FROM THE COVER:
When you piss off a bridge into a snowstorm, it feels like you’re connecting with eternal things. Paying homage to something or someone. But who? The Druids? Walt Whitman? No, I pay homage to one person only, my brother, my twin.
In life. In death.
Since the death of his brother, Jonathan’s been losing his grip on reality. Last year’s Best Young Poet and gifted guitarist is now Taft High School’s resident tortured artist, when he bothers to show up. He's on track to repeat eleventh grade, but his English teacher, his principal, and his crew of Thicks (who refuse to be seniors without him) won’t sit back and let him fail.
My rating: 4 stars.
Cannot express how much I enjoyed this book. It’s a whirlwind of good characters, descriptions, and writing.
Jonathan is deep, insightful and creative, but not to an overwhelming degree. There are lighthearted, purely comical moments. The dialogue is a bit iffy; there’s an excessive use of whoa! and ching! and other strange exclamations. And the romance… well, it doesn’t exist. What little there is isn’t worth having. It fits, but isn’t one hundred percent convincing.
The friends aren’t characterized – essentially they’re just names stuck to one adjective. For example, Nick. He is nice. Ta da. They’re not by any means useless. They just don’t add or take away from the story. Pretty free-floating. Wish they’d been included more, especially Nick.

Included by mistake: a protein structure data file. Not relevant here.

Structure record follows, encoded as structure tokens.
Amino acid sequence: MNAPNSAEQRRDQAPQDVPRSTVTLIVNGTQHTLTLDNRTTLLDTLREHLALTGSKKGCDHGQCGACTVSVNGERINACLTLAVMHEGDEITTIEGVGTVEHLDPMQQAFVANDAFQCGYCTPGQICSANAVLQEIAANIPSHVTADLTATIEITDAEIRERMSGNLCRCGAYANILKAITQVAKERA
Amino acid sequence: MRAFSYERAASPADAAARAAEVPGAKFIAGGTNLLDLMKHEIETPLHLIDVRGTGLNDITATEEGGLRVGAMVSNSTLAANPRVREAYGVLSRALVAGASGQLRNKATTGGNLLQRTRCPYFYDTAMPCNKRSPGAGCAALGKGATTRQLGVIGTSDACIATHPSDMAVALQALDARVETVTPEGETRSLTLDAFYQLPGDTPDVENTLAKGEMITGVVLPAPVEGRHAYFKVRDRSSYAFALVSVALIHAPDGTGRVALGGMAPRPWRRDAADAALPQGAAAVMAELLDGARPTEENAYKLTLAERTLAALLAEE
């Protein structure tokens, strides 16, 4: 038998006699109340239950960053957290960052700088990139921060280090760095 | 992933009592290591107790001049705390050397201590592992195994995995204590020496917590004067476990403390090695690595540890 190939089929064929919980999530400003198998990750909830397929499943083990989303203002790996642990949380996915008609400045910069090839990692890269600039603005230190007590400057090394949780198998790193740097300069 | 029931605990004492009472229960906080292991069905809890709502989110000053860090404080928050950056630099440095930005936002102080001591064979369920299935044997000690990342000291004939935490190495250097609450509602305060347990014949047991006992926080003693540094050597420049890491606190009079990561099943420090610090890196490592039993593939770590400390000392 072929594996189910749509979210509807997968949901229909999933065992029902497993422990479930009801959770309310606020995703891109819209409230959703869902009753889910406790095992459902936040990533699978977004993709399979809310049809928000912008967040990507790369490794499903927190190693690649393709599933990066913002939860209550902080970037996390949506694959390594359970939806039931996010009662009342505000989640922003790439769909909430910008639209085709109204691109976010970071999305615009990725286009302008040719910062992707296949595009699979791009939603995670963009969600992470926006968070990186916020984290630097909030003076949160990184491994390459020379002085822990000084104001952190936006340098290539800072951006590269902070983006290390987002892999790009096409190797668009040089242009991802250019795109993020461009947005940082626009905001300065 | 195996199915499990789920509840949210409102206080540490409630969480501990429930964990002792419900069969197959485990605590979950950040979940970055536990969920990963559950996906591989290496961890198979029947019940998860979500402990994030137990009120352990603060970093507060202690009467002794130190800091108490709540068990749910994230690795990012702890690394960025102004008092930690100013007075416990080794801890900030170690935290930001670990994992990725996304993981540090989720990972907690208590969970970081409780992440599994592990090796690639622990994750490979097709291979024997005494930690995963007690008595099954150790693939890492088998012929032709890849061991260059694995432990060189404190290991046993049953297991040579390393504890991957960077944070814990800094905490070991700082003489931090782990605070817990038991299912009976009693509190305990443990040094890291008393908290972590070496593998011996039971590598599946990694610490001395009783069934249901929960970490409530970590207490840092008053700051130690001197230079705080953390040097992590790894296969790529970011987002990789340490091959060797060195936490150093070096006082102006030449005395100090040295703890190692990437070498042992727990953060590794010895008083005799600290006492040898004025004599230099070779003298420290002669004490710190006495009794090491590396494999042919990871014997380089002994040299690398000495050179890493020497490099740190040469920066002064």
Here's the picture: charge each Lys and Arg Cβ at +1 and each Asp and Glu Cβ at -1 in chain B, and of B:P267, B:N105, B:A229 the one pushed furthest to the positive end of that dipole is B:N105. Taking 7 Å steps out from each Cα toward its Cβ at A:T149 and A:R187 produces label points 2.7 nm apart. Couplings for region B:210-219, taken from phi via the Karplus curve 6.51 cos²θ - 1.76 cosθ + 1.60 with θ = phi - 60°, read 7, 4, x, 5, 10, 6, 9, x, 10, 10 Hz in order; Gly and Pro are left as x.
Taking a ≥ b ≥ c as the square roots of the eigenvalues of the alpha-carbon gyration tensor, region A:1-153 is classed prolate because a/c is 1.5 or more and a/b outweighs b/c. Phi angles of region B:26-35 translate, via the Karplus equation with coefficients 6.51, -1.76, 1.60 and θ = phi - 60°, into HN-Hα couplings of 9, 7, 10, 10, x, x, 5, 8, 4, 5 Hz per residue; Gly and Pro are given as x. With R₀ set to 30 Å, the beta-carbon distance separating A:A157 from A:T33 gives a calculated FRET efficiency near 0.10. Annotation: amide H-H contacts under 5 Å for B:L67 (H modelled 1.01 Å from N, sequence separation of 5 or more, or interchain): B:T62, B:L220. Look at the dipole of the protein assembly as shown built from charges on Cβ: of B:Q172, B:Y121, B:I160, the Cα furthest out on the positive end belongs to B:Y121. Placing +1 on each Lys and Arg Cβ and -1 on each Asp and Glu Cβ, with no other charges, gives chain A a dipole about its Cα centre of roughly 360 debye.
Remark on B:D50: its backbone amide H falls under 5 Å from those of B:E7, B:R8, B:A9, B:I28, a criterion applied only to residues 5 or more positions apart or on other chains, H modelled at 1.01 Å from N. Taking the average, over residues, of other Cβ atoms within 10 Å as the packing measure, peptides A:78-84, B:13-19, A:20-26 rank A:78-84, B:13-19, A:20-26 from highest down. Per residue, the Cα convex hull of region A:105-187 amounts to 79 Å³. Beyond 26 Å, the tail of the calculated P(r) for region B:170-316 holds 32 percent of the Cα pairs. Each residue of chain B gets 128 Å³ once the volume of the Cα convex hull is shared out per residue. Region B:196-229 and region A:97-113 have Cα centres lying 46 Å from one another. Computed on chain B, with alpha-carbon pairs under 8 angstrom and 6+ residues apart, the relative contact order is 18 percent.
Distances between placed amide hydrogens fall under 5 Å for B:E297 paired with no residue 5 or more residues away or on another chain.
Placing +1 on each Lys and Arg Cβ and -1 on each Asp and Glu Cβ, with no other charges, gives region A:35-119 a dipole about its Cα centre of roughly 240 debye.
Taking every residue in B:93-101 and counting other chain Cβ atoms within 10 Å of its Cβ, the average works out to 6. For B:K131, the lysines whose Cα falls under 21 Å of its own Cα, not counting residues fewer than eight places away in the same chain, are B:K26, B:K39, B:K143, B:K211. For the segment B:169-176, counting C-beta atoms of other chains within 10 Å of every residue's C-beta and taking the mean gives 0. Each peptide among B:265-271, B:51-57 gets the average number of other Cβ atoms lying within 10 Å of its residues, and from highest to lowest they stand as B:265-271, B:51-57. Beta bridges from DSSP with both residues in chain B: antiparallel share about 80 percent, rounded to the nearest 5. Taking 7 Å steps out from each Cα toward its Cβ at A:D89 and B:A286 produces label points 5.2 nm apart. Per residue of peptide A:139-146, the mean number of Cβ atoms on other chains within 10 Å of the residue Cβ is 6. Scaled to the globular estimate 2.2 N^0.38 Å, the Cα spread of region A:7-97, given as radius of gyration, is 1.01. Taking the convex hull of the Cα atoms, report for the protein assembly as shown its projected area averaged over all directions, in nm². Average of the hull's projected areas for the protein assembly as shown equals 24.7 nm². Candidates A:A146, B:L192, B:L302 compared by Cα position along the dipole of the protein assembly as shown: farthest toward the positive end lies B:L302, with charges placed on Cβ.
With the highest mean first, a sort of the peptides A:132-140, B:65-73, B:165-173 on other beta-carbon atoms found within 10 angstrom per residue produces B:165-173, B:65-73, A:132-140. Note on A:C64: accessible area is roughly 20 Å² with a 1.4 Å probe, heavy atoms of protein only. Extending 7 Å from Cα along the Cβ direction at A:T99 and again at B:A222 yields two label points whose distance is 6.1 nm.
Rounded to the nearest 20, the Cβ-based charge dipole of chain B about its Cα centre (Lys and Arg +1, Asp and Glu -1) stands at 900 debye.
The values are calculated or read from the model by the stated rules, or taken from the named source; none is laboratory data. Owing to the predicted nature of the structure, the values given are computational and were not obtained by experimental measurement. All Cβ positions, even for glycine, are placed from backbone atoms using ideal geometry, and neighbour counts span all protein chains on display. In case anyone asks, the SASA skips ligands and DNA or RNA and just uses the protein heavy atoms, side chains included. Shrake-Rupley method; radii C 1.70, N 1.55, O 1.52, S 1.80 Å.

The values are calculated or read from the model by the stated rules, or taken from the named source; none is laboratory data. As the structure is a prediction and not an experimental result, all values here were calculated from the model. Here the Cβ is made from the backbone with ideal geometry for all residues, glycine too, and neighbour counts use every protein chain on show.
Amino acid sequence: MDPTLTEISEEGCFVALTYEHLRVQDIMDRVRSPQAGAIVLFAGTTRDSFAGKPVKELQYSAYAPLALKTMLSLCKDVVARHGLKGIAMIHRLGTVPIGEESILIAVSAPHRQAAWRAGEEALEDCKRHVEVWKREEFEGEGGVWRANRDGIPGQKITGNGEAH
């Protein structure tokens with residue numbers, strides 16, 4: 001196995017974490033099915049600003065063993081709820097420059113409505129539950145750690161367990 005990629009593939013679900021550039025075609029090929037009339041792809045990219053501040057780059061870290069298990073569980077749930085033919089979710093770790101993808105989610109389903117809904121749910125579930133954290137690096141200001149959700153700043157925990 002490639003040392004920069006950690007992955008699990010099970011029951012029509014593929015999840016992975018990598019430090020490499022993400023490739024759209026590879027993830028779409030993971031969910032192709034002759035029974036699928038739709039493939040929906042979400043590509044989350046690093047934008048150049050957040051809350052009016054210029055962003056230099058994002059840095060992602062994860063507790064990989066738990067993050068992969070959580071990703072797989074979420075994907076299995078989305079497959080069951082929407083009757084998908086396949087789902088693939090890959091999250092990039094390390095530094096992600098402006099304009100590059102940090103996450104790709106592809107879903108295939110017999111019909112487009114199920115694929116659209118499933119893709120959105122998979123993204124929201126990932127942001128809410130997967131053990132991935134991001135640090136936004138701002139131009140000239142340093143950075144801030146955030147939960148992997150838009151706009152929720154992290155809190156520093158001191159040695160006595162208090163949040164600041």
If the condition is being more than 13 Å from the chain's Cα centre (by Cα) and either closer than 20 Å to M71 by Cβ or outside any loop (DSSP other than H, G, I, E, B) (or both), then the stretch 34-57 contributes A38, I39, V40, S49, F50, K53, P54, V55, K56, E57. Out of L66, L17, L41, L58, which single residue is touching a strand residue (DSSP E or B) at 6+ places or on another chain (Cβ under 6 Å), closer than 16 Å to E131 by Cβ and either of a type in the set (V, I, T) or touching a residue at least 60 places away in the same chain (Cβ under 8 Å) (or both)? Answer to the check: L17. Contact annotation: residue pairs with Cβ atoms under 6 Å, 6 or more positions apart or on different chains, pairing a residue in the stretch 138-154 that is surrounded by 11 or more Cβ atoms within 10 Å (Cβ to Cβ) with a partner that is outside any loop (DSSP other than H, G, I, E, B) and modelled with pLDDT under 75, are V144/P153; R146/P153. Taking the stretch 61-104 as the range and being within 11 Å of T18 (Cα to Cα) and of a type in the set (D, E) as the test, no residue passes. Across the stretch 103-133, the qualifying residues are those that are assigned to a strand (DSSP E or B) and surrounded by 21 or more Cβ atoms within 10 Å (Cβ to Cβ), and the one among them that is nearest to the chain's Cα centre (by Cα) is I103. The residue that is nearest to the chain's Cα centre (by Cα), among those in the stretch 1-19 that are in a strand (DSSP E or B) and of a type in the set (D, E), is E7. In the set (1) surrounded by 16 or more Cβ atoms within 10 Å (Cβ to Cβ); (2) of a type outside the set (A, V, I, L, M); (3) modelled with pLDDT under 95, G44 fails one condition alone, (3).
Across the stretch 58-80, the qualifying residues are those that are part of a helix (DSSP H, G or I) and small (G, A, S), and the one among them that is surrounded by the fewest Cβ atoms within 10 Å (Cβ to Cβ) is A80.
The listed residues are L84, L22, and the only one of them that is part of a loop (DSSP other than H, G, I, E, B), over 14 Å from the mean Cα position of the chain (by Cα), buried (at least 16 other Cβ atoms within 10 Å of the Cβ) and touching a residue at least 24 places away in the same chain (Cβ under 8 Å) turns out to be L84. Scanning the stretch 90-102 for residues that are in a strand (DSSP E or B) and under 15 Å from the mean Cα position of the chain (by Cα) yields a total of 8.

Not so sure the parents served any real purpose. Felt like there was more building with them, but the end cut off the rest of their story, which was a shame because they’re characterized well. You get a good sense of who they are, but you never get the why.
The writing itself is beautiful. Poetical. Even though it’s not written as poetry. Jonathan’s voice is very distinct and boyish, yet thoughtful. Sure, he eases his pain with writing and reading and music, which are all typical cures, but it’s the way he does so that makes the story unique.
And Telly – he’s not there, but his character is something special. It’s a great touch. The brother connection stands out most throughout the entire story, and it doesn’t sound repetitive or cliché. It’s pure.
Adios, Nirvana doesn’t go above and beyond, but it’s solid.